LOUISVILLE, Ky. - By the end of yesterday morning's bath, the big gray horse was gleaming and the gray-haired groom had soapsuds on his chin and the right side of his nose.
The old groom also trains the big horse, and owns it - the only horse he owns, his first Kentucky Derby horse. Was Seabiscuit's story this good?
At age 75, Tom McCarthy, a retired biology teacher and high school principal, on the fringes of horse racing for five decades, has his Derby horse. McCarthy claimed General Quarters last year for $20,000, and the colt has already won the prestigious Blue Grass Stakes, which earned McCarthy $460,000. Before General Quarters, the trainer had career earnings of $229,020.
Since McCarthy taught school just outside Louisville, has lived in the area since 1962, and trains General Quarters out of Churchill Downs, half of Kentucky is riding along with this one.
Yesterday, in between the bath, watching the morning gallop, and overseeing the rest of the routine at Barn 37, McCarthy had an endless stream of visitors trying to get his attention: nurses at a local hospital who work with a woman who says McCarthy's biology classes got her interested in nursing; a Baptist pastor who mentioned a man from his congregation who used to teach with McCarthy; a woman who is a friend of a friend that McCarthy seemed to remember; a younger guy who claimed his first horse from McCarthy.
This Is Your Life . . .
McCarthy looked a little worn but acquiesced to every photo request, handed out General Quarters buttons outside the barn, and told everybody he was having the time of his life. His horse was 20-1 in the morning line.
Backstretch rumors have it that McCarthy has been offered $2 million for the horse and more recently $3 million for half the horse. His response: "How do you sell a dream?"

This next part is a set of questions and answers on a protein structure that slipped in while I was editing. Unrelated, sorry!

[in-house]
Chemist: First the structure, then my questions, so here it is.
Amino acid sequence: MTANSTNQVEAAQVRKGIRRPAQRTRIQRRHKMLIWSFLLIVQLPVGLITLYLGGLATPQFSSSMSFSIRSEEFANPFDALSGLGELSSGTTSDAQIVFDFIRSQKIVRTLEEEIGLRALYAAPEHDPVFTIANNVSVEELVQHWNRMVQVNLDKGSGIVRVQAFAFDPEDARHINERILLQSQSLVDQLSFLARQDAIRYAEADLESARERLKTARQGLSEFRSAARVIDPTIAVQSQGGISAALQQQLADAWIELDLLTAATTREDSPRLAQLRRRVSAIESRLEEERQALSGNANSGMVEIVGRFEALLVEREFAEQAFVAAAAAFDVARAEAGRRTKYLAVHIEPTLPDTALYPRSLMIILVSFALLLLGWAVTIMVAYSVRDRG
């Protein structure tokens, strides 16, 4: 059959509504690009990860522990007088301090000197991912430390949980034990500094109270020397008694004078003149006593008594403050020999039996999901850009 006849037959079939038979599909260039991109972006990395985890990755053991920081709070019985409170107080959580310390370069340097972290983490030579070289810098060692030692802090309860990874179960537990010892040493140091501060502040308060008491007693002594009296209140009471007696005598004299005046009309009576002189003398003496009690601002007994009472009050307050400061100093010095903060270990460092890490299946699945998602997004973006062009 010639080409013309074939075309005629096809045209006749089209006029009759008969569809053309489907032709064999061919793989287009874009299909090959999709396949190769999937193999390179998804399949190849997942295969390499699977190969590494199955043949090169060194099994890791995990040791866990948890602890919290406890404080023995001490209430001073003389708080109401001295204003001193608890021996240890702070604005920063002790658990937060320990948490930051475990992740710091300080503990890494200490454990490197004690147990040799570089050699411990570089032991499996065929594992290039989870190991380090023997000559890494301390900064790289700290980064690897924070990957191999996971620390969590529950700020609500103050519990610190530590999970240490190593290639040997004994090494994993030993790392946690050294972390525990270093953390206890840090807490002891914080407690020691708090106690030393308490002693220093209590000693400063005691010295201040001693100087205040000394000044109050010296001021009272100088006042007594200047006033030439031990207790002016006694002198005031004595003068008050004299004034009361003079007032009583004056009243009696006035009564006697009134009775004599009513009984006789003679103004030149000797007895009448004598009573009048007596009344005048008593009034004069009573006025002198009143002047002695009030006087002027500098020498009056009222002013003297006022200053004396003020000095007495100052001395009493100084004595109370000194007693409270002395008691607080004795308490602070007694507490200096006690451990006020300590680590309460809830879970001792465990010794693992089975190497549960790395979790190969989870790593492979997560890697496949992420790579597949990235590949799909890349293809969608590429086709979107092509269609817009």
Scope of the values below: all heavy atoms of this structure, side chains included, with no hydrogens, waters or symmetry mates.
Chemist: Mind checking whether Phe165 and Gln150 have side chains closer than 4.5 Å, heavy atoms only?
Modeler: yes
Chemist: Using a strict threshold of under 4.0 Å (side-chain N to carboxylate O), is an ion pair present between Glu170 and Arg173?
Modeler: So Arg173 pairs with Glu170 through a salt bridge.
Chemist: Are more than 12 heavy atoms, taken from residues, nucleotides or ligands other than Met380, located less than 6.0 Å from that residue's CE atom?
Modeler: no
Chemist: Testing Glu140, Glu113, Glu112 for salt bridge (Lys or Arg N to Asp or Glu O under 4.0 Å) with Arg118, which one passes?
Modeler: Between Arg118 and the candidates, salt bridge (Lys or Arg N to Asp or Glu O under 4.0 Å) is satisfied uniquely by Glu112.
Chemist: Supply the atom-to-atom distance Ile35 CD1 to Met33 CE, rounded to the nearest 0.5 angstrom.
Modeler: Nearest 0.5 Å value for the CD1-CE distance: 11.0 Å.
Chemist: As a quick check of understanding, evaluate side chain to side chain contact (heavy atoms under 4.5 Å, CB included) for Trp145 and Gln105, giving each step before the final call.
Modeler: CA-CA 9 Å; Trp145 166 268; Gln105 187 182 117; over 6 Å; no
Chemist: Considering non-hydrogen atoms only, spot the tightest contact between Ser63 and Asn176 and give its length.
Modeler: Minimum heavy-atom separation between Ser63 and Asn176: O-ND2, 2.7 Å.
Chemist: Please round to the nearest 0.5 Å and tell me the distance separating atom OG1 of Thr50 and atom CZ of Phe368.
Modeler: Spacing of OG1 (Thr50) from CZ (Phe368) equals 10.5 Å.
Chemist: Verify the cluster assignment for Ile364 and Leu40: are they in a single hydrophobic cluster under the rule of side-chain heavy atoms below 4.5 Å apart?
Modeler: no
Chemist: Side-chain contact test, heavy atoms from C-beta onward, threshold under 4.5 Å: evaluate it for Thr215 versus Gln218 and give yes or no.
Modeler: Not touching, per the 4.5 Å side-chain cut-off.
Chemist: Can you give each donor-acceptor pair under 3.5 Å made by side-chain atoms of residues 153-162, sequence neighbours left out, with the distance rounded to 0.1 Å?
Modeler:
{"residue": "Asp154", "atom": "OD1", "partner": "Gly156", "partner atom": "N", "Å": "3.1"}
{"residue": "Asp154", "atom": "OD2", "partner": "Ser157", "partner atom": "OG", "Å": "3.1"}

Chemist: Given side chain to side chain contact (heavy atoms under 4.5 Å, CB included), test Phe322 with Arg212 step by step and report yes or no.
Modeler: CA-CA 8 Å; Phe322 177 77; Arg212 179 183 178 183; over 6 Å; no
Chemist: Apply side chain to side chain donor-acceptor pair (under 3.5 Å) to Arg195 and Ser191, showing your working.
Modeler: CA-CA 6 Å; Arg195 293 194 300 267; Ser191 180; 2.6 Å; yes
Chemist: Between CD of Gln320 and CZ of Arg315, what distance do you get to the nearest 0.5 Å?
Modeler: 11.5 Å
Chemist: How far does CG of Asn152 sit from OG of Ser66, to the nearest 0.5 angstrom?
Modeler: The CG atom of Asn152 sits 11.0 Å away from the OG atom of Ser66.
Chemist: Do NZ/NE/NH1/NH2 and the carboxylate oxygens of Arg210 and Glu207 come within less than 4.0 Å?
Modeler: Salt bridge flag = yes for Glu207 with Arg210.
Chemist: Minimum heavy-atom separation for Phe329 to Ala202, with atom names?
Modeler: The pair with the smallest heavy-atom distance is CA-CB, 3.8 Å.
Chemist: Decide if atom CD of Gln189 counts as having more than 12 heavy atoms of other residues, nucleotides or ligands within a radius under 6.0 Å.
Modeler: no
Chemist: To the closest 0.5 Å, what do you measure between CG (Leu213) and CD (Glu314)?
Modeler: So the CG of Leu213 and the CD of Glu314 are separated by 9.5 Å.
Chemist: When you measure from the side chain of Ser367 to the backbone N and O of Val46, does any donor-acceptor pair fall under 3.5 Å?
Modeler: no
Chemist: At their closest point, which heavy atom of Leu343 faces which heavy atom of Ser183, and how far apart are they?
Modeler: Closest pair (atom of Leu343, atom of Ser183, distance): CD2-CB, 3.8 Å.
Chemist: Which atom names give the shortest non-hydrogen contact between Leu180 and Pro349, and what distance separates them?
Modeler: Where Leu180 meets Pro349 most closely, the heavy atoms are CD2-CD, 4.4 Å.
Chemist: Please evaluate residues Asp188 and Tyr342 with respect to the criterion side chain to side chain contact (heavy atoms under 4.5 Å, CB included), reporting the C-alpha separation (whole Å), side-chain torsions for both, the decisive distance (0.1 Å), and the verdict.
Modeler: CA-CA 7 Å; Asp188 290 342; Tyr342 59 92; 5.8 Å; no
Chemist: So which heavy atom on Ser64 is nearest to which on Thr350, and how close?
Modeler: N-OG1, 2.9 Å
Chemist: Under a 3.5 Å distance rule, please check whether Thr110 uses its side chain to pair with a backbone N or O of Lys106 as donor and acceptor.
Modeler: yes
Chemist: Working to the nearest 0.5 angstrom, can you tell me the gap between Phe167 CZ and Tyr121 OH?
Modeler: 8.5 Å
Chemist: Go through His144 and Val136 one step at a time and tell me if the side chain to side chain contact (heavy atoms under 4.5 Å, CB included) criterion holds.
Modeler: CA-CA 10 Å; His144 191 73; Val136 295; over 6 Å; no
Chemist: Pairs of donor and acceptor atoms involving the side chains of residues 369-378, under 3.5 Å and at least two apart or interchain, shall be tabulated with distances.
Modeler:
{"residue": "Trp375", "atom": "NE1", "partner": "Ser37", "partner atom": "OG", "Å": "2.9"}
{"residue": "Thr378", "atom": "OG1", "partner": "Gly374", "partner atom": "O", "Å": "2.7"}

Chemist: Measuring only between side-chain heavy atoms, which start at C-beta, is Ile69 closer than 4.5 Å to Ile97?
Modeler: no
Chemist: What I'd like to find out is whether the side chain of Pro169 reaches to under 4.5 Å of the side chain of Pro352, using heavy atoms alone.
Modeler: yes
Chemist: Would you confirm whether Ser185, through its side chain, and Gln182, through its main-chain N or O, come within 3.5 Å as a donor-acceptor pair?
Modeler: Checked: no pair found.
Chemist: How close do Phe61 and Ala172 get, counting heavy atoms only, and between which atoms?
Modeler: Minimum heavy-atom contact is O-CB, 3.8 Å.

His tale alone is priceless. The Louisville Courier-Journal unearthed this gem, on how McCarthy's grandfather came to America from County Cork, Ireland, on a boat with five horses to deliver to a man in New York. When the 18-year-old missed his boat back to Ireland, he went back to where he'd left the horses, the old Jamaica Racetrack in Queens. Irish grooms hid him in a hayloft until an exercise rider didn't show up. McCarthy's grandfather got the job and a new life.
McCarthy's father and uncle trained horses at Narragansett and other East Coast racetracks.
"The Depression came along and I think they both got out of it," McCarthy said yesterday.
He grew up mostly in Arizona, learned to gallop horses there, and came to Kentucky for college, and because he wanted to train horses and figured the home of the Kentucky Derby was the place to do it. He began teaching, he said, because there was no winter racing then and he had young children. He retired from his job as a principal in 1990, but even before then, he would get to the track when it opened for training, work his horses, and then get to school. He never had more than five or six horses at a time.
McCarthy's sons took time off from their jobs this week to help, so at least the trainer, owner and groom has a hot-walker other than himself.
"You know, a couple of weeks ago, I couldn't even get anybody to hold the horse while I gave him a bath," McCarthy joked yesterday, happy to help the tale along.